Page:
The animation is pretty nearly flawless until you begin introducing heroes to the whole package. They are beautiful and majestic at the best but a janky mess at their worst. Hit detection isn’t necessarily perfect. It’s more than serviceable most of the time until Luke Skywalker breezes past a soldier, killing the troop even though the Jedi’s sword was swinging off in some other direction, his attention in the distance. I also noticed slight hit detection issues while in a fighter cockpit. The game encourages you to fly close to the ground to avoid targeting computers but then punishes you once in a while by making you explode against a rock that on your screen still looks a good 10 feet away. These are all just the usual drags on a high fidelity ultra realistic graphics engine though, and for the vast majority of the game you will be both dumbstruck and floored. And immersed.
And nothing helps that immersion more than the audio. It’s been previously brought to attention that Sound is the most underappreciated aspect of game and film design, but in both cases it is one of the most important. The graphics can only do so much if the sound is a complete mess. If things don’t sound the way you expect they should, your brain will have a hard time suspending disbelief, and in a fantasy world like this that is extra valuable.
Of course, being as this is Star Wars and Lucas Arts is known for some of the best audio in the business, we never had anything to fear. Lasers pew convincingly, the lightsaber hisses upon being turned on. The sound felt a little too muffled in fighter cockpits, but it was forgivable as the default view is third person. When in that view, or on the ground, the surround sound does a great job of maintaining the soundscape, and giving you a sense of where blaster fire is coming from. The audio is particularly impressive when you use the imploding grenade that can be picked up around the map. And all the while, John Williams’ score blares impressively at all the right moments, bringing familiar tunes to play alongside the ones going on in your head.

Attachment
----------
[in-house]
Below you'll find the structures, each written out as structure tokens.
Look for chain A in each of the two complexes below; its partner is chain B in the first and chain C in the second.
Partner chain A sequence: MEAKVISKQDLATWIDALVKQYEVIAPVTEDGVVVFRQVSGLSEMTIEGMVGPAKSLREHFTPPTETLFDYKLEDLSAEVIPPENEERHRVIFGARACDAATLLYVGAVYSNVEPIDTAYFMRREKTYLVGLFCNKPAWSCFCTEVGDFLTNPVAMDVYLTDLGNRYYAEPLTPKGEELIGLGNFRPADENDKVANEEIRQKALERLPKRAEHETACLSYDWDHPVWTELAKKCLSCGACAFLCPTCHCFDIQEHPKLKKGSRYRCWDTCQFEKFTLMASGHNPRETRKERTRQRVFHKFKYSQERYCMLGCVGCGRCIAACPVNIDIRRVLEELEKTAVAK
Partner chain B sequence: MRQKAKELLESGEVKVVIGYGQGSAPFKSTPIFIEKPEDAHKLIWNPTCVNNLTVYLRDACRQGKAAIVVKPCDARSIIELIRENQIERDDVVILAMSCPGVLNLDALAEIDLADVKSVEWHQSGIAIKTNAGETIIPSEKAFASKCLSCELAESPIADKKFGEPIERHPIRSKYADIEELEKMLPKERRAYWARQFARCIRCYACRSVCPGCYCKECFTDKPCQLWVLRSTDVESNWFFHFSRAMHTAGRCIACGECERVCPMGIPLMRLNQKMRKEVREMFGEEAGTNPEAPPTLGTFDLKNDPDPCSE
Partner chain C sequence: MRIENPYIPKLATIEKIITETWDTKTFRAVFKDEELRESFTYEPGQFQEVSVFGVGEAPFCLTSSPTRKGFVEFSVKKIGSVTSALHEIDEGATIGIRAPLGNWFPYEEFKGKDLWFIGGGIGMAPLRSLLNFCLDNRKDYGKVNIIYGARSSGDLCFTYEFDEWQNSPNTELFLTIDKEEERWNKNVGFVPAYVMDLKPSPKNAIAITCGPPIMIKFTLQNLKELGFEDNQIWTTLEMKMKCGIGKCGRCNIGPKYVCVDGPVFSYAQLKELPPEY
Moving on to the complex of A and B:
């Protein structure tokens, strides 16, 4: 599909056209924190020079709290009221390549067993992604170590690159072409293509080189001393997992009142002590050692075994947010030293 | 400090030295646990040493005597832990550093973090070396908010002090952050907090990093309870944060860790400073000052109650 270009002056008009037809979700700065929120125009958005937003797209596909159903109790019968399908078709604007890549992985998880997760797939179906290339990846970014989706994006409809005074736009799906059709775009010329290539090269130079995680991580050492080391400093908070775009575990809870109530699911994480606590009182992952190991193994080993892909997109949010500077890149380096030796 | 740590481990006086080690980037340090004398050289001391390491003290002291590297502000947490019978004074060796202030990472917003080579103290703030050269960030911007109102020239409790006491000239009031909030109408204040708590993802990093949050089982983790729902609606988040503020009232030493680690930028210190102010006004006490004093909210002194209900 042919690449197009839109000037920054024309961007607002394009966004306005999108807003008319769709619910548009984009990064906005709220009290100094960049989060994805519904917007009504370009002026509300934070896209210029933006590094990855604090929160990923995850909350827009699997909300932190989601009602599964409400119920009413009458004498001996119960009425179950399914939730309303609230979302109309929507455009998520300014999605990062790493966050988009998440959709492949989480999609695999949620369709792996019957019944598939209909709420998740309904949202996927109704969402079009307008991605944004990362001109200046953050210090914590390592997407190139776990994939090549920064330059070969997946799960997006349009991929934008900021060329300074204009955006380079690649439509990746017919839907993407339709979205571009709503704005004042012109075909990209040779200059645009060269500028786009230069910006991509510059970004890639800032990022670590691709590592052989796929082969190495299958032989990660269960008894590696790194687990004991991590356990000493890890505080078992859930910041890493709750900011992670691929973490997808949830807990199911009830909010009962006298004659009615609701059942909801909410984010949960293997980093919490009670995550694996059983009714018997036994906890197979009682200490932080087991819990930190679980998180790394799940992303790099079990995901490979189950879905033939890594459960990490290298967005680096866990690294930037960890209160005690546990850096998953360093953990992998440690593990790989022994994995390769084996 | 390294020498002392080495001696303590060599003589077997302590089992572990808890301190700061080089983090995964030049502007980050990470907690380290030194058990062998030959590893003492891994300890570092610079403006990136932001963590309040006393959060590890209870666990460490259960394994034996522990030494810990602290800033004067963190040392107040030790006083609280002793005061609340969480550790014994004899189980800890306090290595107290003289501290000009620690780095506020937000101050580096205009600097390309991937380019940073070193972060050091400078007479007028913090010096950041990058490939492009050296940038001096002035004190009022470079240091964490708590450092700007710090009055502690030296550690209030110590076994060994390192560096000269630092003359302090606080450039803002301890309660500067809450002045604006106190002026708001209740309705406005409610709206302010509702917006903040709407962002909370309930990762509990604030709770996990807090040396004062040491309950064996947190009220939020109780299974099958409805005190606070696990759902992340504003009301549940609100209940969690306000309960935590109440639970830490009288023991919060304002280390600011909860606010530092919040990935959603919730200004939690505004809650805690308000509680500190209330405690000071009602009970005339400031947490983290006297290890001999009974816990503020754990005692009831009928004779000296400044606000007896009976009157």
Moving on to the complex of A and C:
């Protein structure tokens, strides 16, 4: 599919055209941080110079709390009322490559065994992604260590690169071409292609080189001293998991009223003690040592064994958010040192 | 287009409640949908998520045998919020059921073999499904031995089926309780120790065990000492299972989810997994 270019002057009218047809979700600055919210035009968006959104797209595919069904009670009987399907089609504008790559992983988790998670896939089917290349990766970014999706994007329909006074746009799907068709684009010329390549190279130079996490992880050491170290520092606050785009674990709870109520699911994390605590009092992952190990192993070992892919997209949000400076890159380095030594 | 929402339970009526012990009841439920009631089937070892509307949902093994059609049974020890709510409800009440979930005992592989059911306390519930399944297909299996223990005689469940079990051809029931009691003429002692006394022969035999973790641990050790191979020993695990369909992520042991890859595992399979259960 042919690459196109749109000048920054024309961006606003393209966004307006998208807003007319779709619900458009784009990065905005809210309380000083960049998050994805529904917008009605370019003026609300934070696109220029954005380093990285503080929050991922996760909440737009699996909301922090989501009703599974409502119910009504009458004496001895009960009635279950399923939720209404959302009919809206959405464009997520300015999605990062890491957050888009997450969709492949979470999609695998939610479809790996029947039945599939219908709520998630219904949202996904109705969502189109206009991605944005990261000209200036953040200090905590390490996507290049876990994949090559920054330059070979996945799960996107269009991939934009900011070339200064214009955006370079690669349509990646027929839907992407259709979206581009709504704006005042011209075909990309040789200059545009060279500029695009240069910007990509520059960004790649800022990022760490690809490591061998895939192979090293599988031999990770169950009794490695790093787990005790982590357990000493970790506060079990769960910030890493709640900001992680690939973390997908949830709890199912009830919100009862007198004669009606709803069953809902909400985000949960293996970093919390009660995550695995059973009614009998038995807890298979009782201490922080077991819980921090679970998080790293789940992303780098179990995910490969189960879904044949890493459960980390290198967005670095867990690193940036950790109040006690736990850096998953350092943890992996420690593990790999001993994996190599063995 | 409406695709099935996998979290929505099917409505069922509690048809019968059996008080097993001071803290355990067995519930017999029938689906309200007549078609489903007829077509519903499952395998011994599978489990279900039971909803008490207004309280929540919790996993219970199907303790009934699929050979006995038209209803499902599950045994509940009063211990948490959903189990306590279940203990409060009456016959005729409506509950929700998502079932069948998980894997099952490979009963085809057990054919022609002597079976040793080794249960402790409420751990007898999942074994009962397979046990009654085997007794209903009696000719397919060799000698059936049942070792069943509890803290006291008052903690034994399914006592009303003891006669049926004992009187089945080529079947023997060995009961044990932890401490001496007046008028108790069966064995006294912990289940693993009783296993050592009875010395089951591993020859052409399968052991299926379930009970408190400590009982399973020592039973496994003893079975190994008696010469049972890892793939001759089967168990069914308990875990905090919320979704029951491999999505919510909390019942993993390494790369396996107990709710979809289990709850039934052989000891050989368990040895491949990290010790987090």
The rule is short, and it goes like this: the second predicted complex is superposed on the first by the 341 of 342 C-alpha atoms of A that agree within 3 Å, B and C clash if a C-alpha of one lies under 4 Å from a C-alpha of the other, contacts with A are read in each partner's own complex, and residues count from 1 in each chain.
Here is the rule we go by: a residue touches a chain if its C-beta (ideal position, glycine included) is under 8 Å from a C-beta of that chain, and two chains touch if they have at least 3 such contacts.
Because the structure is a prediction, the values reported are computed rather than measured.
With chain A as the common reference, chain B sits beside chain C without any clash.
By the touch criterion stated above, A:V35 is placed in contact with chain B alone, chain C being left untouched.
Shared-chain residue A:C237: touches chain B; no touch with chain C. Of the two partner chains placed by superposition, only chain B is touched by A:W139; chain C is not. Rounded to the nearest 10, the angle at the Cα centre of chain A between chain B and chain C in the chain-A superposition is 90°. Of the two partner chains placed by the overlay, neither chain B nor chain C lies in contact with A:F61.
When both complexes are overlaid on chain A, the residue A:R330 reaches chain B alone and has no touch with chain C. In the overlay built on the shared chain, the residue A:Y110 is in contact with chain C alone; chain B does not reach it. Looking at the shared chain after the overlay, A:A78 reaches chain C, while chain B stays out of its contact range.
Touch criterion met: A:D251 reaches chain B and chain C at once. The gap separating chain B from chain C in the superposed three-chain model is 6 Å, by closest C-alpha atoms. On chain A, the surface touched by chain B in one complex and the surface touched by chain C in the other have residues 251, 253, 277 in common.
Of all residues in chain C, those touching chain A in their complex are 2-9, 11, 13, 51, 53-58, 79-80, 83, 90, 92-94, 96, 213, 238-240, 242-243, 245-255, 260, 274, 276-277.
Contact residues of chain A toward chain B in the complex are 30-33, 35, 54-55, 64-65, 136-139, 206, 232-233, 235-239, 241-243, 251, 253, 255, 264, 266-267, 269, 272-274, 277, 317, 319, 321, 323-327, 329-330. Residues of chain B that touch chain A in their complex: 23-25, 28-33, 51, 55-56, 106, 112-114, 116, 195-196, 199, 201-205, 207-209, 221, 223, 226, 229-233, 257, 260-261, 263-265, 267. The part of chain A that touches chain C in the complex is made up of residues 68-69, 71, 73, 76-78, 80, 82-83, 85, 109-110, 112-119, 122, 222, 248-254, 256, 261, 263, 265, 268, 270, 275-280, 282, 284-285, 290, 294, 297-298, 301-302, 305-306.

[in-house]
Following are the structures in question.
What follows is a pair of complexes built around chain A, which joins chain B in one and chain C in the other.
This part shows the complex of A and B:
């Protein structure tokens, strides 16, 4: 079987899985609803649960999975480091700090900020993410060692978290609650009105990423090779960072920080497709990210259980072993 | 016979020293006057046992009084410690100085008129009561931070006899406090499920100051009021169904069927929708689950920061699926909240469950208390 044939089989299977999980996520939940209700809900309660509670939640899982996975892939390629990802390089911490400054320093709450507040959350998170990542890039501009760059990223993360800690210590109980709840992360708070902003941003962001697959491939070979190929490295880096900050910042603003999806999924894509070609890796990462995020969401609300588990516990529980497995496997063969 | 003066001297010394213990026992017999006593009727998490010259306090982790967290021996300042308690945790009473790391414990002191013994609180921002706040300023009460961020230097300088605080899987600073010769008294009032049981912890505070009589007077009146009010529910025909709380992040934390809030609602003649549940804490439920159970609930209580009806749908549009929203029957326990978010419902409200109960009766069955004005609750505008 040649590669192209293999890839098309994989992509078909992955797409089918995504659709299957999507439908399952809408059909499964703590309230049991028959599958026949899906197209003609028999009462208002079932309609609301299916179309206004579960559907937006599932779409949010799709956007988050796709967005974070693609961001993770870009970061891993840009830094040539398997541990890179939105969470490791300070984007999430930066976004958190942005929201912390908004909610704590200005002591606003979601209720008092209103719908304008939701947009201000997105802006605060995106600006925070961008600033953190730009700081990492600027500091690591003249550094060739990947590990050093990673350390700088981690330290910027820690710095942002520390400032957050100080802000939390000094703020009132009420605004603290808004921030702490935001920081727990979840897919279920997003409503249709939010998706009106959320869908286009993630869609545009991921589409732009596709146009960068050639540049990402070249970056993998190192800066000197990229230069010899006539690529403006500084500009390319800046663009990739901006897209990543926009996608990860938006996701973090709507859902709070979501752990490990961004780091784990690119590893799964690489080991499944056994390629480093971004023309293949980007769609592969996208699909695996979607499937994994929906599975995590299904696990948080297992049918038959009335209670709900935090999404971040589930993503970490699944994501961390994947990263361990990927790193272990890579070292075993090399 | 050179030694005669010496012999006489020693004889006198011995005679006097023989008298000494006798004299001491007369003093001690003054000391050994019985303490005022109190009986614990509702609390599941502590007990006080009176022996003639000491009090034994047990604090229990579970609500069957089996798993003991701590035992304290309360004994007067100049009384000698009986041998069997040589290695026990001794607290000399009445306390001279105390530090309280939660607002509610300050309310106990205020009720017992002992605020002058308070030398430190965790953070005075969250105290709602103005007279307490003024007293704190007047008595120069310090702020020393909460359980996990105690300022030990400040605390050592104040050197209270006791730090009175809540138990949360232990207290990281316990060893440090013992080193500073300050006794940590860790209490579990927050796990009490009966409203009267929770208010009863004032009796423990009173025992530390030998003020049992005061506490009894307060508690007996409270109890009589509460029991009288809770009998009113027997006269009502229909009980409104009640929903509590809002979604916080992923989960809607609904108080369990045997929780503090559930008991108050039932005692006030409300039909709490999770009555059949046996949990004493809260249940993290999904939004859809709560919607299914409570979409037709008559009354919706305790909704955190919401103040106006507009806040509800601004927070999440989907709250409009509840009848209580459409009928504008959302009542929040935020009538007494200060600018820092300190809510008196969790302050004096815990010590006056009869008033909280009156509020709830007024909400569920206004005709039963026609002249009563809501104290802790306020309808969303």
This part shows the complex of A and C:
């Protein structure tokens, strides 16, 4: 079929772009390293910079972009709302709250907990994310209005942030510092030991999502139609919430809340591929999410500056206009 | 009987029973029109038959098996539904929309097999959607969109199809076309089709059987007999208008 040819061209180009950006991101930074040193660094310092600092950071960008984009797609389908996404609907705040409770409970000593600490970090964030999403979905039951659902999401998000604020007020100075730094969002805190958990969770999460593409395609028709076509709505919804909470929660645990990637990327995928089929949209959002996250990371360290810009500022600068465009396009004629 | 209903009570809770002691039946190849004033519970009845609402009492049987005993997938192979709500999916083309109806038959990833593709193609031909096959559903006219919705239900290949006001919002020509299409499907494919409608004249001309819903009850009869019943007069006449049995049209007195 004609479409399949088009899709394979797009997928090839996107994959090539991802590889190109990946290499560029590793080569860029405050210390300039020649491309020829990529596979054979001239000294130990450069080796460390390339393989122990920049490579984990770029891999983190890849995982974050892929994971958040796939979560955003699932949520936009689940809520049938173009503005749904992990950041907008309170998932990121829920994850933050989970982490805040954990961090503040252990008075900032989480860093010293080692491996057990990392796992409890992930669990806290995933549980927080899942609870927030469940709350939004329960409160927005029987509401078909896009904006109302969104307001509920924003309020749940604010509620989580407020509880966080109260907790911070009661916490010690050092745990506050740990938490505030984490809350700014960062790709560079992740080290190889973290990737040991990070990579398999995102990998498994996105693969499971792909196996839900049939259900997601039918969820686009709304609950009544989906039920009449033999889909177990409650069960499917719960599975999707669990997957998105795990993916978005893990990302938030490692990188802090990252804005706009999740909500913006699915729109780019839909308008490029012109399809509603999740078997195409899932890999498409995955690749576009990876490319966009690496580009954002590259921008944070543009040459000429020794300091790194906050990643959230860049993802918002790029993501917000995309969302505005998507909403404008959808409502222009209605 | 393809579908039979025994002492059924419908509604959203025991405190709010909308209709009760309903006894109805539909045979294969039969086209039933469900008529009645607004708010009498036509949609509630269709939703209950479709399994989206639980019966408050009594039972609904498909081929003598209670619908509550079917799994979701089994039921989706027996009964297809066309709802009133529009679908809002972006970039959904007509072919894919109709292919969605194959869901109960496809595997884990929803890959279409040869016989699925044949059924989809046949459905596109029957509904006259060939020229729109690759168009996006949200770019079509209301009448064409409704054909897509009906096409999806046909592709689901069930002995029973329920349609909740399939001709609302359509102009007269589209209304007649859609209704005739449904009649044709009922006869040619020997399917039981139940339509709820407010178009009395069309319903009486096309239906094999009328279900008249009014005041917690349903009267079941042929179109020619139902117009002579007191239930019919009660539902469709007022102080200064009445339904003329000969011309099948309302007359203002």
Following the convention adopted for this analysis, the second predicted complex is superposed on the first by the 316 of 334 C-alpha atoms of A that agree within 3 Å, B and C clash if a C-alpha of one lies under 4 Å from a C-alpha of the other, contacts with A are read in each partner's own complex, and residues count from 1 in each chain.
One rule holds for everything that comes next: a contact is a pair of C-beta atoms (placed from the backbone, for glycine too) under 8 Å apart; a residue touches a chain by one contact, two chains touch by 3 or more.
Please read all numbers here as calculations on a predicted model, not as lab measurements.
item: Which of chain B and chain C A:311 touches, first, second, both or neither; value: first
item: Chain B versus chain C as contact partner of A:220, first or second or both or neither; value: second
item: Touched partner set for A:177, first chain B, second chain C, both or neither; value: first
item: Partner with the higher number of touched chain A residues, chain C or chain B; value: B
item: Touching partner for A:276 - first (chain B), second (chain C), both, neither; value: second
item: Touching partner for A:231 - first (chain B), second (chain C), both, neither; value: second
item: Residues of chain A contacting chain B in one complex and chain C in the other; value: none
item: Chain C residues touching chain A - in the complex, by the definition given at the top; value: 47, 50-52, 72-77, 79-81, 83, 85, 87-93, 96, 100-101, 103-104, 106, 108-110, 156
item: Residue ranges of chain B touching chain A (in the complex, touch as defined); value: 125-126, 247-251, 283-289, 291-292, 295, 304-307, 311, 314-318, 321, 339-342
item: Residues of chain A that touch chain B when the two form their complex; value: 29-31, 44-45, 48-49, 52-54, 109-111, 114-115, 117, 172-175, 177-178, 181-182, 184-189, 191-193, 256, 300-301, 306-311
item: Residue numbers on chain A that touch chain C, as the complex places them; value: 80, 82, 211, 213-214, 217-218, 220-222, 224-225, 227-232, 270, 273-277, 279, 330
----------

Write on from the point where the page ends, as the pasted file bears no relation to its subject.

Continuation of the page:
The game looks and sounds amazing. Darn near the best looking and sounding game of the year. But the game fluctuates, perhaps the most, in the number of things to do. There are a lot of different modes, most of which being smaller side types that aren’t really worth playing more than once. There’s the flying mode which is a really fun diversion for pilots but to be honest the entire game feels like a fun diversion. Even when you’re in one of the two (or three with DLC) 40 person game types working with a team to sway the course of the war, it doesn’t feel like you’re working towards anything. There’s nothing really worth accomplishing in the game, and nothing to strive for.
The unlockables are a waste of time. Most of the blasters feel the same. Every weapon and upgrade that feels meaningful are locked behind power-ups on the map. You can unlock a jump booster at level thirteen but it doesn’t drastically change how you play. There are late level cosmetic upgrades where you can play as a generic alien trooper instead of a human one. But the choices are limited and it all seems like a waste of time and money. The game might have benefited with a max level equipment unlock that was something people might actually want. Like a lightsaber. As it is now you wont likely care much about your level or currency.
What the game does well is being a casual distraction. It’s perfect to jump in and scratch your Star Wars itch. In small bursts this game is incredibly effective at giving you a high budget streamlined well running Star Wars experience. There are even small local co-op scenarios you can play including a speeder race that is a lot of fun for a throw away mini game, but like the rest of the package it’s far too short an experience to maintain your attention as long as you’d want it to. Like Disney World, Star Wars Battlefront seems like it’ll cost you twice as much as it should, but offers an experience you wont get anywhere else. They promise free DLC is coming, but if money isn’t an issue you might want to pick up the ultimate pack with the Season Pass to get the most of the limited content that you can. If your video game budget is more limited, it might be better to avoid this package right out. There are games that will give you a better value for your money.